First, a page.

Long-distance swimmer and respected sports commentator has in more recent years spoken out on issues of glbtq rights.
Indian playwright, screenwriter, dancer, director, and actor Mahesh Dattani is an important figure in South Asian gay culture by virtue of his recurrent depiction of queer characters.
Entertainer Josephine Baker achieved acclaim as the twentieth century's first international black female sex symbol, but kept carefully hidden her many sexual liaisons with women, which continued from adolescence to the end of her life.
American painter Paul Cadmus is best known for the satiric innocence of his frequently censored paintings of burly men in skin-tight clothes, but he also created works that celebrate same-sex domesticity.
San Francisco visual artist Jerome Caja is known for his small, sensuous combinations of found objects, which he painted with nail polish, makeup, and glitter, as well as for his drag performances.
Although sparse in images documenting the gay community, pre-Stonewall gay male photography blurs the boundaries between art, erotica, and social history.
Female impersonation need say nothing about sexual identity, but it has for a long time been almost an institutionalized aspect of gay male culture.
Given the historic stigma around making, circulating, and possessing overtly homoerotic images, the visual arts have been especially important for providing a socially sanctioned arena for depicting the naked male body and suggesting homoerotic desire.
On November 12, 2012, the UPS Foundation announced that under its new guidelines the Boy Scouts of America is no longer eligible for grants. The UPS gave $167,000 to the Boy Scouts in 2010, but has been under pressure from equal rights groups to end its funding because of the Boy Scouts' discriminatory policy that bars openly gay scouts and scout leaders.
Aaron McQuade, Director of News and Field Media at the Gay and Lesbian Alliance Against Defamation (GLAAD), said that the UPS Foundation had confirmed that under its new guidelines organizations whose practices do not align with the Foundation's non-discrimination policy will no longer be considered eligible for funding.
UPS thus joins the Intel Corporation, which announced in September that it would no longer donate to the Boy Scouts of America, so long as the Scouts stand by their ban on gay members. BSA troops and councils around the country that have stated that they will defy the ban may still receive support from the Intel Foundation.
Intel Corporation, which was the Boy Scouts of America's largest corporate donor, gave $700,000 to the organization in 2010. To receive funding from Intel henceforward, Boy Scout troops must denounce the national policy that bans gay scouts and leaders, which was reaffirmed in July.
Intel and UPS were targeted as the result of an investigation by The American Independent, which revealed that "Corporate foundations have given millions to the Boy Scouts of America and its subdivisions in recent years despite that organization's policy of excluding gays and lesbians. Many of those same foundations have policies against giving to organizations that discriminate based on sexual orientation."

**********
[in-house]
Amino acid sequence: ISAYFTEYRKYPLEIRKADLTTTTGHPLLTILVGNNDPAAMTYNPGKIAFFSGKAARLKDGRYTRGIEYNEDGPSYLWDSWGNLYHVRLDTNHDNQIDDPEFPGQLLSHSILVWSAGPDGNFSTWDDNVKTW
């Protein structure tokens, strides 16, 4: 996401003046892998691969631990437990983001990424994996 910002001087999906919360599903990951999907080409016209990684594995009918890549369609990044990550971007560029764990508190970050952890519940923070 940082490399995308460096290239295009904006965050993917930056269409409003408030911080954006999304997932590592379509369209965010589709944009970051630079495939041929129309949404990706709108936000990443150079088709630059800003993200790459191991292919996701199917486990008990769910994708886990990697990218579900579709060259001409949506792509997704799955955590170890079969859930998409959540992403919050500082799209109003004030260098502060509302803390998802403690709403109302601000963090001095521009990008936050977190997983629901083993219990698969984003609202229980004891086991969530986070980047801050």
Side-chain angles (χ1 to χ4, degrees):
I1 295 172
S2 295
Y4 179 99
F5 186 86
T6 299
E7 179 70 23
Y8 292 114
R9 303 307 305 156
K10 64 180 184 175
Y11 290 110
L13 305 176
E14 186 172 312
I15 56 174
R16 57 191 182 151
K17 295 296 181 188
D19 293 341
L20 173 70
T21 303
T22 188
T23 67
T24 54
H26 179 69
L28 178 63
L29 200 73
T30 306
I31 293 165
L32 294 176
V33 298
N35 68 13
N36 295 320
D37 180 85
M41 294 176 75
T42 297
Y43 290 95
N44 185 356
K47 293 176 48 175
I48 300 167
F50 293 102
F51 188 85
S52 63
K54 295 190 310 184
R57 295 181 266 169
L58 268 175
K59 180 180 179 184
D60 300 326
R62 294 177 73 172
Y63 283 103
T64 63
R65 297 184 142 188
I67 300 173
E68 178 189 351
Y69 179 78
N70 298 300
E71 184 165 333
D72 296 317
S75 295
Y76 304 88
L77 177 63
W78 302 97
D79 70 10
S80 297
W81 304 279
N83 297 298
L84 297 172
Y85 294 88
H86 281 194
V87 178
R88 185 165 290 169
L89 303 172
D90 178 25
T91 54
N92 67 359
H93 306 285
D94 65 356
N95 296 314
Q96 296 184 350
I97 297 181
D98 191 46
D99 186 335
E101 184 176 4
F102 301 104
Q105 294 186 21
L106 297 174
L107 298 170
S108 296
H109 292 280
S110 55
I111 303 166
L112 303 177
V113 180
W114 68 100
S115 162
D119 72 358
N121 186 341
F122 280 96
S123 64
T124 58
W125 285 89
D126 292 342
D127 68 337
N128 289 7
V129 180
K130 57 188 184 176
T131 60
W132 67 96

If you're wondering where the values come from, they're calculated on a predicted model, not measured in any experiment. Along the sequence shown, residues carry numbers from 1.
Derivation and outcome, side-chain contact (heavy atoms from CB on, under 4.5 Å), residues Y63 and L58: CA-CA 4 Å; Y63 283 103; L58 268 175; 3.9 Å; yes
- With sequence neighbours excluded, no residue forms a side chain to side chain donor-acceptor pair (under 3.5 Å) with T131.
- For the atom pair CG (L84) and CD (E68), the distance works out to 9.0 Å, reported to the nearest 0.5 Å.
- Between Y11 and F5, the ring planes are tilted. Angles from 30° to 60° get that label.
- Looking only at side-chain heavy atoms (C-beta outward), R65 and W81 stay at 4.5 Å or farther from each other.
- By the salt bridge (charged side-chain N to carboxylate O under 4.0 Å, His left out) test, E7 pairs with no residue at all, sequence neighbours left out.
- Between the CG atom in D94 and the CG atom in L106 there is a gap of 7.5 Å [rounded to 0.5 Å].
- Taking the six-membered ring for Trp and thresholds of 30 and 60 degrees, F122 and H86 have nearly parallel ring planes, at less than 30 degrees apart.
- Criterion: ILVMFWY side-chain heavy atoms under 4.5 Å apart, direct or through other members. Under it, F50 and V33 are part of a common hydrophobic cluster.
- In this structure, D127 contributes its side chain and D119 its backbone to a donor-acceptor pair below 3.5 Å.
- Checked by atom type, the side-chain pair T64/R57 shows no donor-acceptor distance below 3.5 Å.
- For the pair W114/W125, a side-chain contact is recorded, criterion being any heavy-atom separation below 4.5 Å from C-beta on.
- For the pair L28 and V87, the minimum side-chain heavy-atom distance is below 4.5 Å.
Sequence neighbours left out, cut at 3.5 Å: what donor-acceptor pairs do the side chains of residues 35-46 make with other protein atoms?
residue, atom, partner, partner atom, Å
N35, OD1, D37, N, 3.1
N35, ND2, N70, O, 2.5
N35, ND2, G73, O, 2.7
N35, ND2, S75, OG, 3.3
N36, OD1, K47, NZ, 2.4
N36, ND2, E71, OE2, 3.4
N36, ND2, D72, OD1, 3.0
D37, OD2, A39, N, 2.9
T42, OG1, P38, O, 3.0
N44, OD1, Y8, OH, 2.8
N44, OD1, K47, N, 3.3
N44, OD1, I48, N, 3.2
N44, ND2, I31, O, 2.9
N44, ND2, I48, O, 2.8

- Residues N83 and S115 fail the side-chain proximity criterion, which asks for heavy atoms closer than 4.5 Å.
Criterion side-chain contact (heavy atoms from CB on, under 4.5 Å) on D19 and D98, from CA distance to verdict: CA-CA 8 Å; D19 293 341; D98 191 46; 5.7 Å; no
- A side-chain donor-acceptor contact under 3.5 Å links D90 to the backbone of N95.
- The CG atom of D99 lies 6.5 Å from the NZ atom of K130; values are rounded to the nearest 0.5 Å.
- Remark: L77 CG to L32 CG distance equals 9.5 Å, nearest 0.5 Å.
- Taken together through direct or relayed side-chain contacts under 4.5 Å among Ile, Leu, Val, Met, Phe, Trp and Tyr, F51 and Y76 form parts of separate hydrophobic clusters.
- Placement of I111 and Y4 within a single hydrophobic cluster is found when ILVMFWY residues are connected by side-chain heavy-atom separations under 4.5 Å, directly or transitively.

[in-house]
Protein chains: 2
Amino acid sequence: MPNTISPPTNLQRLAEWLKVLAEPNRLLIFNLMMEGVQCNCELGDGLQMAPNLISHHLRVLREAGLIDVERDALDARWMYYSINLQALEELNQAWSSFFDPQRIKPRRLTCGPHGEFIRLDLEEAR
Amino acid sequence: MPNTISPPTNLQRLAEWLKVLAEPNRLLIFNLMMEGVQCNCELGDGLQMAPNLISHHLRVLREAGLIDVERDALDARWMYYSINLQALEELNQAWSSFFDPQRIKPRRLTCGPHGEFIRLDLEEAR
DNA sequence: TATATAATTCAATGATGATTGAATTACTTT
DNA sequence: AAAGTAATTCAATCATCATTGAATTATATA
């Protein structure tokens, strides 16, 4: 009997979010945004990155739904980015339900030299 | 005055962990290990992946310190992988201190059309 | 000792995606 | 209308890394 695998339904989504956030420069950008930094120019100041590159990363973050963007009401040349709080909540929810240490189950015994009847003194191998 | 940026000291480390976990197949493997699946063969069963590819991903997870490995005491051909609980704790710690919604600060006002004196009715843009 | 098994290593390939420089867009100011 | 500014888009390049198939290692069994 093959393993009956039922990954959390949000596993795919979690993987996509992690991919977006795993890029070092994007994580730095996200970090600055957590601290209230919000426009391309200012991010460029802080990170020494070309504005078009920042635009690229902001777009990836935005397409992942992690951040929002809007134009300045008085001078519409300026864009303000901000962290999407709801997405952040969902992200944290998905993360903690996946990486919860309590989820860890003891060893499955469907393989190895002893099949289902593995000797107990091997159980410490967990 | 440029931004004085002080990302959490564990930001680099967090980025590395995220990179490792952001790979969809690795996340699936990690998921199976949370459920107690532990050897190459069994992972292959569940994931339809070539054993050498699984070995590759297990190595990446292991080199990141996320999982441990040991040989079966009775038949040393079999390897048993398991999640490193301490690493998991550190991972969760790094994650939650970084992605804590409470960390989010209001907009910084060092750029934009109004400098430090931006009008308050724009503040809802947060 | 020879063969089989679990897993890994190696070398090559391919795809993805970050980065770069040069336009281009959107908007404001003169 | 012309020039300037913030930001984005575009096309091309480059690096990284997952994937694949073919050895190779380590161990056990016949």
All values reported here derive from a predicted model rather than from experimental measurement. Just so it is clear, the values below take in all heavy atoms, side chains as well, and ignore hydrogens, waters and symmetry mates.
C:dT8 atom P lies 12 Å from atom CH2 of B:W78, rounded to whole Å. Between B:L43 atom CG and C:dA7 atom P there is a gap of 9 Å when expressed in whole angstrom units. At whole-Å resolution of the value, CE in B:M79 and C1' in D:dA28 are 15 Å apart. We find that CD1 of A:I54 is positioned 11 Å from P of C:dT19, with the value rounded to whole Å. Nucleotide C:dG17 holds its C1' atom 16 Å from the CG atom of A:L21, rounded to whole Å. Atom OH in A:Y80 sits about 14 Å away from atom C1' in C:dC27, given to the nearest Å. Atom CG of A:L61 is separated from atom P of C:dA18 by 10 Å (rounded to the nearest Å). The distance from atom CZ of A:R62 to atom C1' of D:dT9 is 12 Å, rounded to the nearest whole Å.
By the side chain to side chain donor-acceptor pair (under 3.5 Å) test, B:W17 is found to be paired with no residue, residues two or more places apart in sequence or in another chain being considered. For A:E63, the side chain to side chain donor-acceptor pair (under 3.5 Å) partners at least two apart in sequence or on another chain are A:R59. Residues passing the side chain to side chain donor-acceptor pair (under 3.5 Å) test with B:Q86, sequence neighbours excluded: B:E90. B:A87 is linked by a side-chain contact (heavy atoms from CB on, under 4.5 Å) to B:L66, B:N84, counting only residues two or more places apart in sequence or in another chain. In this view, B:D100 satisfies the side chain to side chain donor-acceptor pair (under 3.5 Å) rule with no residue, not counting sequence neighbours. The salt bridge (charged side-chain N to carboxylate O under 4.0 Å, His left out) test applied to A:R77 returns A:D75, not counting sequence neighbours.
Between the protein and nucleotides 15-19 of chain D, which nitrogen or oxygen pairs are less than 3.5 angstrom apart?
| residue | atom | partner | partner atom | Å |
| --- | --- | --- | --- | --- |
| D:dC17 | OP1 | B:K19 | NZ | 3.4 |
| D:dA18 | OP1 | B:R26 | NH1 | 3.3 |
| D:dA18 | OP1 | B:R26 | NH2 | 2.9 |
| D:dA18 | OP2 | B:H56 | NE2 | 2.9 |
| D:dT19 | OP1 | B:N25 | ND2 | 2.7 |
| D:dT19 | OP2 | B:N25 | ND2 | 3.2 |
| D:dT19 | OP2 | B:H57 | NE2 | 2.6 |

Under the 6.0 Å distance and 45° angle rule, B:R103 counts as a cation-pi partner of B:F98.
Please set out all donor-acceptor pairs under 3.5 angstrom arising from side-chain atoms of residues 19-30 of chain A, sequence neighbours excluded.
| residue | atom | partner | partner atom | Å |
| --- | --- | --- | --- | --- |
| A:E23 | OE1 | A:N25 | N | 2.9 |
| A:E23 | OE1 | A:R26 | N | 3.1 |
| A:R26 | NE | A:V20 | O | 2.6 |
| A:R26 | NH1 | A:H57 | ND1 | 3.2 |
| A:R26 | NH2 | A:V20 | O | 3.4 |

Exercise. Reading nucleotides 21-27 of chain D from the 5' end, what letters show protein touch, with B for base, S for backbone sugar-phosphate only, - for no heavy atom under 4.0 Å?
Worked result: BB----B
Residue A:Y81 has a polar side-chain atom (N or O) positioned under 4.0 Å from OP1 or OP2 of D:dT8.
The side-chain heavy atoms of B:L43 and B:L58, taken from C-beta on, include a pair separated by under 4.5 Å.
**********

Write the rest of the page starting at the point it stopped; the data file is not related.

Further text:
Reporter Andy Birkey found that "Twenty-three of the top 50 corporate foundations, ranked by the Foundation Center in terms of total charitable giving, gave at least $10,000 each to the Boy Scouts in 2010, the most recent year for which data was available for most companies. Combined, they gave about $3.6 million."
In response, Zach Wahls, an Eagle Scout who is the son of lesbian parents and the founder of Scouts for Equality, initiated a Change.org petition calling on Intel to end its support of the Boy Scouts. It gathered more than 30,000 signatures in little more than 24 hours.
After Intel capitulated, Wahls launched a petition calling upon UPS to end its support of the Boy Scouts. It gathered more than 80,000 signatures.
GLAAD President Herndon Graddick welcomed the UPS Foundation's decision to enforce its non-discrimination policy. He said, "More and more corporate leaders are enacting strong non-discrimination policies for practices including grant funding and hiring. Equality is not only good for business, but supported by a vast majority of Americans. The time is now for the BSA to end this outdated and unpopular ban before other corporate funders pull dollars and scouting families drop their support."
Despite a recent history of haphazard enforcement of its policy in a manner similar to the way the military enforced the Don't Ask, Don't Tell policy in its last couple of years, the organization concluded in July that its ban "is absolutely the best policy for the organization."
However, pressure to change the policy has intensified recently.
Jennifer Tyrrell's April ouster as den leader of her son's Cub Scout troop because she is a lesbian brought new attention to the ban.
Outrage was provoked by an incident in California this summer in which openly gay Eagle Scout Tim Griffin was fired from his seasonal job as counselor at Camp Winton, a job he had held for three years. In solidarity with him, a dozen other counselors resigned their positions.
In October, more outrage was sparked by the news that a California scout, Ryan Andresen, was denied an Eagle Scout pin because of his sexual orientation.
Ryan's mother, Karen Andresen, initiated a Change.org petition, asking that the Boy Scouts of America's discriminatory policy be changed and that her son be given the award that he earned.
The petition has now received more than 420,000 signatures. It may be accessed here.
On the Ellen Show, Ellen DeGeneres not only introduced the nation to the charming Ryan Andresen and his amazing mother, but also highlighted the injustice he experienced.